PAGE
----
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Missouri to investigate church abuse allegations at request of St. Louis archdiocese

Demands for transparency lead St. Louis' archbishop to open the archdiocese's files to the attorney general's office.
Image: Robert Carlson
The Rev. Robert Carlson at a news conference to announce his appointment as archbishop of St. Louis in 2009.Tom Gannam / Associated Press

The state of Missouri will investigate the Roman Catholic Archdiocese of St. Louis after it volunteered to open its files on allegations of sexual abuse by priests, the state's attorney general announced Thursday.

The Rev. Robert Carlson, the archbishop of St. Louis, volunteered the diocese's cooperation in a letter to Attorney General Josh Hawley on Thursday, a day after protesters in St. Louis demanded a grand jury investigation.

In his letter to Hawley, Carlson said he was "aware of the public's requests to your office."

Carlson said that the archdiocese's own investigation had found that protections for children are "appropriate and robust" and that he invited an "independent determination of our handling of allegations of clergy sexual abuse in the Archdiocese of St. Louis."

Carlson said at a news conference Thursday that the files address "anyone who has been accused of sexual abuse."

"We did this for the credibility of the archdiocese," he said.

Sandra Price, the diocese's executive director of child and youth protection, said 27 priests named in the files are still alive.

Hawley welcomed the invitation in a letter to Carlson and said in a conference call with reporters that he hoped the state's other dioceses would participate.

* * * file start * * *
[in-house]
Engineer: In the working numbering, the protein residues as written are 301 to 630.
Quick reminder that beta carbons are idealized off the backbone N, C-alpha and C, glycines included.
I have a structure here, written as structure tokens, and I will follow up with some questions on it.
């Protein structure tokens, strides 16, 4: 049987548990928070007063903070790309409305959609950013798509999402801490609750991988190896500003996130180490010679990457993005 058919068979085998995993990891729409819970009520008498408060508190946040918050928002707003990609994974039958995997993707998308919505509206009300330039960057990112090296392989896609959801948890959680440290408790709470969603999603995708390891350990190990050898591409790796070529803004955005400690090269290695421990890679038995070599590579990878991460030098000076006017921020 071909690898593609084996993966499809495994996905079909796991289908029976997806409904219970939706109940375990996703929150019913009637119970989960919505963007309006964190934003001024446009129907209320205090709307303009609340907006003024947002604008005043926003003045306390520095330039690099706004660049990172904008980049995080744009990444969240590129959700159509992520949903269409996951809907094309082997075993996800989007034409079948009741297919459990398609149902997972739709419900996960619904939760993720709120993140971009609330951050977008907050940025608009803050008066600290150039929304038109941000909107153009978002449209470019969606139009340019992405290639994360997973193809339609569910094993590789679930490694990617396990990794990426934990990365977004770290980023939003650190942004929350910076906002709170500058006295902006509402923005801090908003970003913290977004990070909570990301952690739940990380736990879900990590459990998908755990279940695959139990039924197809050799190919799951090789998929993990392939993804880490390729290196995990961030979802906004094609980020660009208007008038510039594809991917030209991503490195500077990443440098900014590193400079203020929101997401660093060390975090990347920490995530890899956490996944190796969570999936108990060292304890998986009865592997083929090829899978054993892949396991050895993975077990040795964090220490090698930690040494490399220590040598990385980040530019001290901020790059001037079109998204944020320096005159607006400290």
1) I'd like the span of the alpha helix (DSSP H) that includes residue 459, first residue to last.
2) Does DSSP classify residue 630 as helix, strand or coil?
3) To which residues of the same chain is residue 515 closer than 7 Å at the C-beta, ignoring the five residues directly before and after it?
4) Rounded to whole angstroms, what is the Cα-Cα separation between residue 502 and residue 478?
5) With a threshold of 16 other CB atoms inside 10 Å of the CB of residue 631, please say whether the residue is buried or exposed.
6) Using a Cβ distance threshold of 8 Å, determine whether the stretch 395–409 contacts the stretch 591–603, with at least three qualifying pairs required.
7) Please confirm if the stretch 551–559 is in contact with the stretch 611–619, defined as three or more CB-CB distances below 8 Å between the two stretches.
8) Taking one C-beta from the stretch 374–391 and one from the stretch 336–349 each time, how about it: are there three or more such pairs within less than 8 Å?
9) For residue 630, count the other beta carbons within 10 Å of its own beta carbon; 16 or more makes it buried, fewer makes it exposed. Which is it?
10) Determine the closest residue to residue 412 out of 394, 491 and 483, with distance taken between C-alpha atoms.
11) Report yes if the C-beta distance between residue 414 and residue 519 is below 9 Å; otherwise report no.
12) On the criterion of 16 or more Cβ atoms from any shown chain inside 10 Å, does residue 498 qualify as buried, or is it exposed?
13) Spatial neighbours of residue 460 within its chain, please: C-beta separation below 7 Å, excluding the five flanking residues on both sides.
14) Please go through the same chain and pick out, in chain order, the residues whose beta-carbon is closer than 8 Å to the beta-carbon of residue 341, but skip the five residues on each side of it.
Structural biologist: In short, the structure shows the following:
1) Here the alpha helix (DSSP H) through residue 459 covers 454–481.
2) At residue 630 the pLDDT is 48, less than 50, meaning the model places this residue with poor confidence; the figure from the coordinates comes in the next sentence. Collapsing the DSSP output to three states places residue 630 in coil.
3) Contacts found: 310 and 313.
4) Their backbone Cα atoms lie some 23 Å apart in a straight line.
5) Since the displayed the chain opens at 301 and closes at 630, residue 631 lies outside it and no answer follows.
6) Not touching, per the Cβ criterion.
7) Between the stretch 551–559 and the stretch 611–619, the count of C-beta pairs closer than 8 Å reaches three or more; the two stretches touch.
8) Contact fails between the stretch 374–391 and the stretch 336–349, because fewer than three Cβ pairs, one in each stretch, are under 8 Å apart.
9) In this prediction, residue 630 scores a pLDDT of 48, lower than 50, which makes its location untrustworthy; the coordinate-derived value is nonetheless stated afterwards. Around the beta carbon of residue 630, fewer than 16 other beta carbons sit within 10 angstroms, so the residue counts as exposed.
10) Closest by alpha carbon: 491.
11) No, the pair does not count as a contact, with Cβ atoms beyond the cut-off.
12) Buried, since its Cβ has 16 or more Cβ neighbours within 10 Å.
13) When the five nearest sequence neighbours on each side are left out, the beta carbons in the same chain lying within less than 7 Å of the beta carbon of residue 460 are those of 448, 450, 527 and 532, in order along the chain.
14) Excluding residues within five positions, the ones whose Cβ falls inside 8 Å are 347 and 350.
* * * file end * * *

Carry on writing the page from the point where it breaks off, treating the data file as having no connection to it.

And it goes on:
Cooperation from the dioceses is crucial because it's local prosecutors who have jurisdiction to issue subpoenas and to bring charges, not the state. But Hawley said the report can and will include recommendations for local charges if appropriate.

Representatives of the Diocese of Kansas City-St. Joseph and the Diocese of Jefferson City told The Associated Press that they would cooperate. A spokeswoman for the Diocese of Springfield-Cape Girardeau didn't immediately return a call seeking comment.

Hawley put no timetable on the investigation, but said he wanted to move quickly because "the statute of limitations is always, always a concern."

A Pennsylvania grand jury investigation last week alleged abuse of more than 1,000 children by 301 "predator priests" in six dioceses over 60 years. But only two indictments have been filed because the statute of limitations has expired in nearly all of the reported cases.

The statute of limitations in Missouri gives childhood sexual abuse accusers until age 28 or until three years after the discovery of physical or psychological injury from the abuse to file suit.

"It's important to me, because I am a mother of a victim who was abused," Mary-Ellen Kruger told NBC affiliate KSDK on Wednesday as she protested outside the attorney general's office in St. Louis.

Kruger said her 15-year-old son was molested at a Catholic high school in 1985 and eventually died by suicide.

"For us to protect our children, we need to know who they are and where they are," she said of abusive priests.